Hours-of-service exemption contributed to fatal crash
A National Transportation Safety Board investigation found that a fatal milk truck crash, which was exempt from hours-of-service regulations, could have been avoided with driver fatigue management program.
During a board meeting on Tuesday, March 28, NTSB said a program to manage driver fatigue in agricultural transportation could have prevented a fatal 2021 Arizona Milk Transport truck crash near Phoenix. NTSB noted that collision avoidance technology also could have prevented the crash.
According to NTSB, Arizona Milk Transport operated under an hours-of-service exemption that allows unlimited driving hours for certain agricultural commodities within a 150 air-mile radius.
Investigators said the safety impact of the exemption is unknown, as is the prevalence of its use, and called for more data.
“Generally, motor carriers must make a compelling safety case before regulators will grant them an exemption from safety rules. But, once Congress mandated and then expanded the agricultural hours-of-service exemption, the oversight of the carriers’ fatigue risk largely disappeared,” NTSB Chair Jennifer Homendy said in a statement. “Drivers operating under an hours-of-service exemption are at a greater risk of fatigue: an unacceptable – and avoidable – danger to every road user.”
On June 9, 2021, an Arizona Milk Transport tractor-trailer hauling milk was traveling east on state Route 202 in Phoenix when the crash occurred.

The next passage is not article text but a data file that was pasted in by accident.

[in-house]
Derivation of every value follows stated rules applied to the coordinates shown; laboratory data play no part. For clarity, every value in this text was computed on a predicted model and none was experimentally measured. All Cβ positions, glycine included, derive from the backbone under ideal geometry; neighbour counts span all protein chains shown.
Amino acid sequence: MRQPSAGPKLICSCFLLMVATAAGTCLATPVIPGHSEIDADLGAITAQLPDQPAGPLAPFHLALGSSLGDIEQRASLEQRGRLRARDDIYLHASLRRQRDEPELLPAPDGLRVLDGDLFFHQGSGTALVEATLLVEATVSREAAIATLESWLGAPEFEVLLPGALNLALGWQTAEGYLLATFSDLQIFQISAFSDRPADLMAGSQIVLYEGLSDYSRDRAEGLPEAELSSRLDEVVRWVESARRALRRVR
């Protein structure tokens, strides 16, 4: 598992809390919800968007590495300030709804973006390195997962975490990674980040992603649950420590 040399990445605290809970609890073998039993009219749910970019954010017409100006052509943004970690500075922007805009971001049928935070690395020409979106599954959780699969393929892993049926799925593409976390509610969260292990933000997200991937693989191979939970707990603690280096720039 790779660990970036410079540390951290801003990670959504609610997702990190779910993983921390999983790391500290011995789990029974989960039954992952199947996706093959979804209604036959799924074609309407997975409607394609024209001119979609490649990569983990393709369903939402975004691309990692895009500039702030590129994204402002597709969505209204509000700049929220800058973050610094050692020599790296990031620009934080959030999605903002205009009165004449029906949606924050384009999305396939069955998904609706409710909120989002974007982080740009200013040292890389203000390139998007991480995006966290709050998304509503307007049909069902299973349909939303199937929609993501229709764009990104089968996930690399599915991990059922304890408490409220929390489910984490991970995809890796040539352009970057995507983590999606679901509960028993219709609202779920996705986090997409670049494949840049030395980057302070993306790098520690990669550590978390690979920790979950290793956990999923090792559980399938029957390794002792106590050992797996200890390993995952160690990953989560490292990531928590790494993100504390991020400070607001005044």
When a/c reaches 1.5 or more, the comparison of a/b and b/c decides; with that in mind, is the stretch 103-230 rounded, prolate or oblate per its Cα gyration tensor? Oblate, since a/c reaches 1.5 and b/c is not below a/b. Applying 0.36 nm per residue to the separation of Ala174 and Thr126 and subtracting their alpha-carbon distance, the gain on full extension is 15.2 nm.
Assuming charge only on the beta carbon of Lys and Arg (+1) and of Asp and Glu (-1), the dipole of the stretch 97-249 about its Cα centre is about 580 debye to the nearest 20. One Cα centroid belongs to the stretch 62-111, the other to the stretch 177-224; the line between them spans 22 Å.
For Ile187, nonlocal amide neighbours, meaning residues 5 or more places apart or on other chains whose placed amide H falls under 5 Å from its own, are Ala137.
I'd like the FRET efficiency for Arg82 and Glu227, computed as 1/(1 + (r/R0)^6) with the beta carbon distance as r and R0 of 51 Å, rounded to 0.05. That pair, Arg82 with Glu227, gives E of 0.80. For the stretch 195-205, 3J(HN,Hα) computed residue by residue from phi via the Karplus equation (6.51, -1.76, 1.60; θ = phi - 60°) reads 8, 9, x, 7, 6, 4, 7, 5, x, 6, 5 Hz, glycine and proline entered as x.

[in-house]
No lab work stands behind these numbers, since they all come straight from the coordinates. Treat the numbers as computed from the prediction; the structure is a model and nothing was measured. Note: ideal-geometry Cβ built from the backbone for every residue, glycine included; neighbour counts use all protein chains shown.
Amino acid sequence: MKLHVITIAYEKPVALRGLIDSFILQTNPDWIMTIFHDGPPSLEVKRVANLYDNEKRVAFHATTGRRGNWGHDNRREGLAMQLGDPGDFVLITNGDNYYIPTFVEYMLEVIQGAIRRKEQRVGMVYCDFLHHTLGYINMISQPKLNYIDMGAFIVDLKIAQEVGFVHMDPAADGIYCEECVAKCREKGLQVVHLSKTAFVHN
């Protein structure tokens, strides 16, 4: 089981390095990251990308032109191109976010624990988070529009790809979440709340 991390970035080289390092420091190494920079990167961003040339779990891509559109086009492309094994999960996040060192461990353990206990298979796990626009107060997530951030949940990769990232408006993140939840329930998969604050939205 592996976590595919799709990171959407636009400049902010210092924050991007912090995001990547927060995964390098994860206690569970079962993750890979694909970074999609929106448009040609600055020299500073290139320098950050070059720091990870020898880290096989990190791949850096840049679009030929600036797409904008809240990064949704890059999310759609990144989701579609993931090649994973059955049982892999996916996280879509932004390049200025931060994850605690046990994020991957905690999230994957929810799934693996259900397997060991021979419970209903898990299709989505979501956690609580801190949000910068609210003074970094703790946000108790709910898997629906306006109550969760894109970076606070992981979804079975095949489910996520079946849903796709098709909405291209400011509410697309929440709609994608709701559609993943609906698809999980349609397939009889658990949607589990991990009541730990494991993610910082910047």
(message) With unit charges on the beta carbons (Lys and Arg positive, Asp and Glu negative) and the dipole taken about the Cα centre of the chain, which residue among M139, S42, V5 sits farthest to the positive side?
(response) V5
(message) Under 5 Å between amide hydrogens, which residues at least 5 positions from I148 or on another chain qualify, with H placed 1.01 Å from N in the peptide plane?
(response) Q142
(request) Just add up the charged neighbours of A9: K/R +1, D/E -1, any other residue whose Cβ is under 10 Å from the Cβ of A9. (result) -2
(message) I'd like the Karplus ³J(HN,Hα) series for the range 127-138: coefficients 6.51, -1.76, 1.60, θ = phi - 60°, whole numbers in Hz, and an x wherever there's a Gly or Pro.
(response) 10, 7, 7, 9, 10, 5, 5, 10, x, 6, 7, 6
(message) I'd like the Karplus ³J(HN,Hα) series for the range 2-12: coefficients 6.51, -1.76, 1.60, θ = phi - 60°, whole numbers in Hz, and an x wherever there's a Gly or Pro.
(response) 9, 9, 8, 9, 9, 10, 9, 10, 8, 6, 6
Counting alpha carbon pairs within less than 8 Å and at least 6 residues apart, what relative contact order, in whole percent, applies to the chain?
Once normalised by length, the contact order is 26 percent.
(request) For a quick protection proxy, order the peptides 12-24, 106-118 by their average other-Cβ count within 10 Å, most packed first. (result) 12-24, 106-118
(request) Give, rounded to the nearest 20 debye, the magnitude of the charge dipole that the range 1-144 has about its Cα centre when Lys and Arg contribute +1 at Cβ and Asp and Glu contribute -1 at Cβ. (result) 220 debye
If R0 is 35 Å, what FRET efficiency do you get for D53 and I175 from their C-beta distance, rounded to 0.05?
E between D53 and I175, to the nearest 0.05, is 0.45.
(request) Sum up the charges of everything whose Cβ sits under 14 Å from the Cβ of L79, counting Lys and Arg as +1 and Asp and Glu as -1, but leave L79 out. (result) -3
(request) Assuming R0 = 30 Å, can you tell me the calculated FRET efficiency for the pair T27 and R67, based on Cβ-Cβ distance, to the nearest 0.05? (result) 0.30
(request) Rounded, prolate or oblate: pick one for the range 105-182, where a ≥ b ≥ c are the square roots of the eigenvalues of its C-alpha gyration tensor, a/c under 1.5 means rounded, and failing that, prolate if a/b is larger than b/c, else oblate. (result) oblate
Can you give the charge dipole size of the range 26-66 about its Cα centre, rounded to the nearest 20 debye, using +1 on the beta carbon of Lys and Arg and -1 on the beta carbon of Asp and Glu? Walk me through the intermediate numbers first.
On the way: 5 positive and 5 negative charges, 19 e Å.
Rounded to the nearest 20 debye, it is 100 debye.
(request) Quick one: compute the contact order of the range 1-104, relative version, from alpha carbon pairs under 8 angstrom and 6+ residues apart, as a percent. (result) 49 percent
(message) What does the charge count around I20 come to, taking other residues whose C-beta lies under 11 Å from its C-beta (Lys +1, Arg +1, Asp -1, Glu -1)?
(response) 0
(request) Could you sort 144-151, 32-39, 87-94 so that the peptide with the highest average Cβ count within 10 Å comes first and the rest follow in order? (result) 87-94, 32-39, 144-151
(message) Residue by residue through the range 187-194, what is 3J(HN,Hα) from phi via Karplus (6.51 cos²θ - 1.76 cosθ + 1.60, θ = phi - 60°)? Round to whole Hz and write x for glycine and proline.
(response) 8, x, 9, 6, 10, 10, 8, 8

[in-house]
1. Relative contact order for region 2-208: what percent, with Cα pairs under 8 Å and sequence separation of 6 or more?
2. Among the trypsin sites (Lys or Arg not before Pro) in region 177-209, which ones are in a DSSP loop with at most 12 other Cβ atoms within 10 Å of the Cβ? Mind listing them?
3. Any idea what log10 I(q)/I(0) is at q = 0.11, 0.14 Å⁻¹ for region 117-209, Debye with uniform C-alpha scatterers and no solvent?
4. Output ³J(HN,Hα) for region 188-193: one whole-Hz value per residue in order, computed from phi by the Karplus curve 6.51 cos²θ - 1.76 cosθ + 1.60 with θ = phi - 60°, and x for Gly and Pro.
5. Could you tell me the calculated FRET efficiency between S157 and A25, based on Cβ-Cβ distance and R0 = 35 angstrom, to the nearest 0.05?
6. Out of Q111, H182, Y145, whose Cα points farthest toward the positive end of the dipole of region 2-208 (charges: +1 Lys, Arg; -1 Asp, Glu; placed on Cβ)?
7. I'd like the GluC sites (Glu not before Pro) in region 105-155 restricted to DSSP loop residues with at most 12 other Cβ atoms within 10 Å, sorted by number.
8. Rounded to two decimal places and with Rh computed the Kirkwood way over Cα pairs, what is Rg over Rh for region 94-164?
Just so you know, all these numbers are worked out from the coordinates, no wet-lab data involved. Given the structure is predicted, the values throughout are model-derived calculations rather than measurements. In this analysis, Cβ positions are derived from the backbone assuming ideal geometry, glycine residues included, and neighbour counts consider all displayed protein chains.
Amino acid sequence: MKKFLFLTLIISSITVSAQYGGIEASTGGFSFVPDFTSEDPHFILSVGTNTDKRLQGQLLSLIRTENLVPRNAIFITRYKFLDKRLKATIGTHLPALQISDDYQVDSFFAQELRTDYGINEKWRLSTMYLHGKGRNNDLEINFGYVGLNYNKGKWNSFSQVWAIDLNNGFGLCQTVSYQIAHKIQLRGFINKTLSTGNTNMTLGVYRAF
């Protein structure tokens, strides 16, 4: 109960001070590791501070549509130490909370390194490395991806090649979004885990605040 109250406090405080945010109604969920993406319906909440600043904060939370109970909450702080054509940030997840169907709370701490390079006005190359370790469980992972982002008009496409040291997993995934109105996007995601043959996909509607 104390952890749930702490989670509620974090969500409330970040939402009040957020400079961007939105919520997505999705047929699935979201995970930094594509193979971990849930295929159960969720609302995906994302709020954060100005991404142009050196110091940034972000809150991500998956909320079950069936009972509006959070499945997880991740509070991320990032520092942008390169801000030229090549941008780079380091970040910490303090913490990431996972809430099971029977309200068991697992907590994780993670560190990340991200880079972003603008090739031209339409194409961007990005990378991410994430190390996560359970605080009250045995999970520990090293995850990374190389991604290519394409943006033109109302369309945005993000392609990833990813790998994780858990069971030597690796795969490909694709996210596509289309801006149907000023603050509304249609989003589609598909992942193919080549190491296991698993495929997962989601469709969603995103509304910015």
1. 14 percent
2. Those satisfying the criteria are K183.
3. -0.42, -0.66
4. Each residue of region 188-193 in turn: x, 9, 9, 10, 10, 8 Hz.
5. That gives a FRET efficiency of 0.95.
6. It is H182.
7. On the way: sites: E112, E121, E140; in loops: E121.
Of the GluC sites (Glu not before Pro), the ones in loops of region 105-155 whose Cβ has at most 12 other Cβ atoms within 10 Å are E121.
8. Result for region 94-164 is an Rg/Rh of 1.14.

According to the NTSB investigation, the milk truck crashed into a queue of passenger vehicles that were stopped due to a road closure. The milk truck was going 62-64 mph when the crash occurred. There were no signs of the truck driver slowing down or steering away from the stopped passenger vehicles.
The milk truck partially overrode the car at the end of the traffic queue. Consequently, a series of chain reaction collisions involving six other passenger vehicles ensued. Arizona Milk Transport’s truck then crossed the eastbound travel lanes and struck the median barrier. The tractor-trailer and one passenger vehicle caught on fire.
Four passenger vehicles occupants were killed and 11 occupants were injured. The truck driver was uninjured.
The National Transportation Safety Board says a fatal crash involving a milk truck exempt from hours-of-service regs could have been avoided. (Photo from the NTSB)
An NTSB investigation of the crash concluded that the Arizona Milk Transport truck driver was fatigued.
Investigators found the driver had less than a six-hour opportunity for sleep the day of the crash and regularly worked 70 to 80 hours per week.
NTSB also discovered that Arizona Milk Transport did not have a program to manage driver fatigue. The investigation revealed that the company “had poor oversight over its drivers and did not enforce its own policies regarding the maximum hours employees could work.”
NTSB made the following recommendations:
- U.S. Department of Transportation to study the prevalence of driver fatigue in companies operating under the hours-of-service exemption and require them to seek authority to implement a fatigue management program.
- Milk industry associations encourage their members to adopt a fatigue management program.
- National Highway Traffic Safety Administration to develop standards for forward collision avoidance systems in commercial vehicles and mandate connected vehicle technology on all new vehicles.
Currently, NTSB has 14 open recommendations related to collision avoidance systems and vehicle-to-everything technologies. The issue is on its Most Wanted List of Transportation Safety Improvements.
NTSB has no regulatory authority. Rather, the board can make recommendations to other transportation agencies with such authority. LL
More hours-of-service news:
- ^ board meeting (www.ntsb.gov)